Making the right choice: Being honest about dishonesty

BY: Dr Enyonam C. Kudonoo & Dr Joseph Oduro-Frimpong
Anadan, “Bribery” (Anas Is Watching series)
Anadan, “Bribery” (Anas Is Watching series)

Making the right choice to stand for the truth and voice it in an environment where the majority endorse or turn a blind eye to wrongdoing is not an easy task.

Such an act takes resilience, selflessness and inner strength, spiced by a morally upright and sensitive conscience to do so. Fortunately, being honest about dishonesty, understood as taking personal responsibility and public accountability for one’s (in) actions can be taught in schools to equip students to make ethically sound decisions.

Responsibility, Accountability

Personal responsibility means doing the right things the right way at the right time and accepting the resulting consequences of one’s (in)actions, even when no one is watching you. It involves personal discipline, that enables one to make the decision of meeting all moral and legal obligations in society for the common good, and at the same time being assertive enough to give feedback to significant others in the same disposition. It is the ability to be dedicated to doing good, respecting everyone, law-abiding and meeting human rights expectations as well as promoting them.

According to Bovens, public accountability has to do with the need for people to exhibit qualities of trustworthiness, fidelity and justice. These qualities can only be demonstrated by individuals if they come from within (internalisation). Internalisation of such qualities comes about when students are taught in school, supported by the home, and are encouraged to practice over a period, making such attributes their way of life. To avoid falling into the temptation of compromising the above qualities, there is the need to create opportunities for constant reminders.

Constant reminders

Dan Ariely gave an illustration of the usefulness of constant reminders by telling a story about a man who told his Rabbi that his bicycle was stolen from the synagogue. The Rabbi was deeply upset and after thinking for a while, offered the following solution: “Next week, come to service and sit in the front row. When it is time to recite the Ten Commandments turn around and look at the people behind you. When we get to ‘Thou shalt not steal,’ see who can’t look you in the eyes and that’s your guy.” At the next service, the curious Rabbi asked the man whether the solution he gave him worked.

The man responded by saying: “yes, like a charm. The moment we got to ‘Thou shalt not commit adultery,’ I remembered where I left my bicycle.” Ariely emphasised two major lessons from the story. The first is that the moral lessons we learn stick in our minds, and secondly, there should be frequent reminders of moral codes emanating from universally acceptable values of honesty, hard work, bravery, respect, tolerance, responsibility, fairness, compassion and justice to keep us in check anytime we are tempted to make the wrong decisions. Accordingly, formally instituted moral standards sanctioned by those in authority will go a long way to promote improvement in behaviours that serve the good of all.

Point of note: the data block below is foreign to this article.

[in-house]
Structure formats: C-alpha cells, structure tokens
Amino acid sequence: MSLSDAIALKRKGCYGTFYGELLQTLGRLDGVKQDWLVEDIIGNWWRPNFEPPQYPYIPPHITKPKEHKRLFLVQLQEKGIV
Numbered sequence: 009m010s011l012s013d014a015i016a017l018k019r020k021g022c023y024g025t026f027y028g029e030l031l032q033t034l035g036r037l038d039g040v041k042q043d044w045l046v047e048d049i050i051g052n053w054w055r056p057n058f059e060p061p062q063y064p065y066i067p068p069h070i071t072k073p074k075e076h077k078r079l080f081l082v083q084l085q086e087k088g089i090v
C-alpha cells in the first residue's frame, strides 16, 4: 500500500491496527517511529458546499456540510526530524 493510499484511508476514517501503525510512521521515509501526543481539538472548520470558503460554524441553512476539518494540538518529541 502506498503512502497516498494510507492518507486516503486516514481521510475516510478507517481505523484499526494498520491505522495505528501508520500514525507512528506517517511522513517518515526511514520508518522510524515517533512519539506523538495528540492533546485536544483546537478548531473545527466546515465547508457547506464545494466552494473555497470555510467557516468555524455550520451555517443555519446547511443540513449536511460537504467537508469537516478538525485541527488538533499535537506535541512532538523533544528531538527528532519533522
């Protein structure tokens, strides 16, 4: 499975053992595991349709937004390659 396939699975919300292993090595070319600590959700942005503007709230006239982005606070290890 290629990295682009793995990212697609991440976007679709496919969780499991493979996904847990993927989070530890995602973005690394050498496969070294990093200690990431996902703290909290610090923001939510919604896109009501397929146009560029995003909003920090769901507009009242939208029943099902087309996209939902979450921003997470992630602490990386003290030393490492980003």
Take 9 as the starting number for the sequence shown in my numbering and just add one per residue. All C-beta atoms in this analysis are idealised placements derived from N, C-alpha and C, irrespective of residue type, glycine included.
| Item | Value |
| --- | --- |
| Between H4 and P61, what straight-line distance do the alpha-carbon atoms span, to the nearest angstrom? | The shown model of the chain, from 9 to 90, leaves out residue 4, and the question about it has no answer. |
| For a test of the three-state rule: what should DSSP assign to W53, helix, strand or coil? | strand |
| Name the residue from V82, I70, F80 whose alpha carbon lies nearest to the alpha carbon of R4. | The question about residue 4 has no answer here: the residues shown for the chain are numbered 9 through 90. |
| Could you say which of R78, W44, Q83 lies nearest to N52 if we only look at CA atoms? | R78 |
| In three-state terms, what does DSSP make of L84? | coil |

This can only happen when some inhibiting aspects of Ghanaian culture are modified.

Culture and Corruption

One of the characteristics of the Ghanaian culture that inhibit people from making the choice to voice their values includes uncritical deference to authority.

This behaviour leads to an emphasis on protocol, extreme politeness, boot licking and a slower pace of life. Due to how such behaviour promotes unquestioned reverence for authority, people of this caliber are seen as individuals who know it all and as such their word is final (law).

Moreover, society frowns on individuals who challenge the status quo and speak out their values when they see and hear people in authority doing the wrong things.

The situation is like fighting against the wind, which calls for a change in our orientation in the way we think and feel about those in authority.

High spiritual belief (cosmic justice) is another characteristic of our culture that promotes corruption. This characteristic makes individuals vulnerable to those believed to possess “supernatural powers”. Such people have the tendency of manipulating those without, putting fear in them, and, therefore, dissuading them from voicing out their values when those with power engage in corrupt practices.

Again, Ghanaian society expects people in high positions to satisfy the employment needs of their relatives regardless of policies in place, which leads to nepotism and forced solidarity tax. Their inability to meet the employment needs of family members could lead to being ostracised by all members of the community they belong to. They are consequently compelled to offer jobs to people who may not be qualified for vacant positions, thereby, putting square pegs in round holes with resultant unsustainable development.

We posit that given our cultural and political milieu, we need to grasp the obvious and present dangers of being honest about dishonesty in our contemporary moment. We call for an earnest national effort that strongly encourages citizens to be able to speak the truth to power and expose cases of corruption.

The writers are lecturers at the Ashesi University.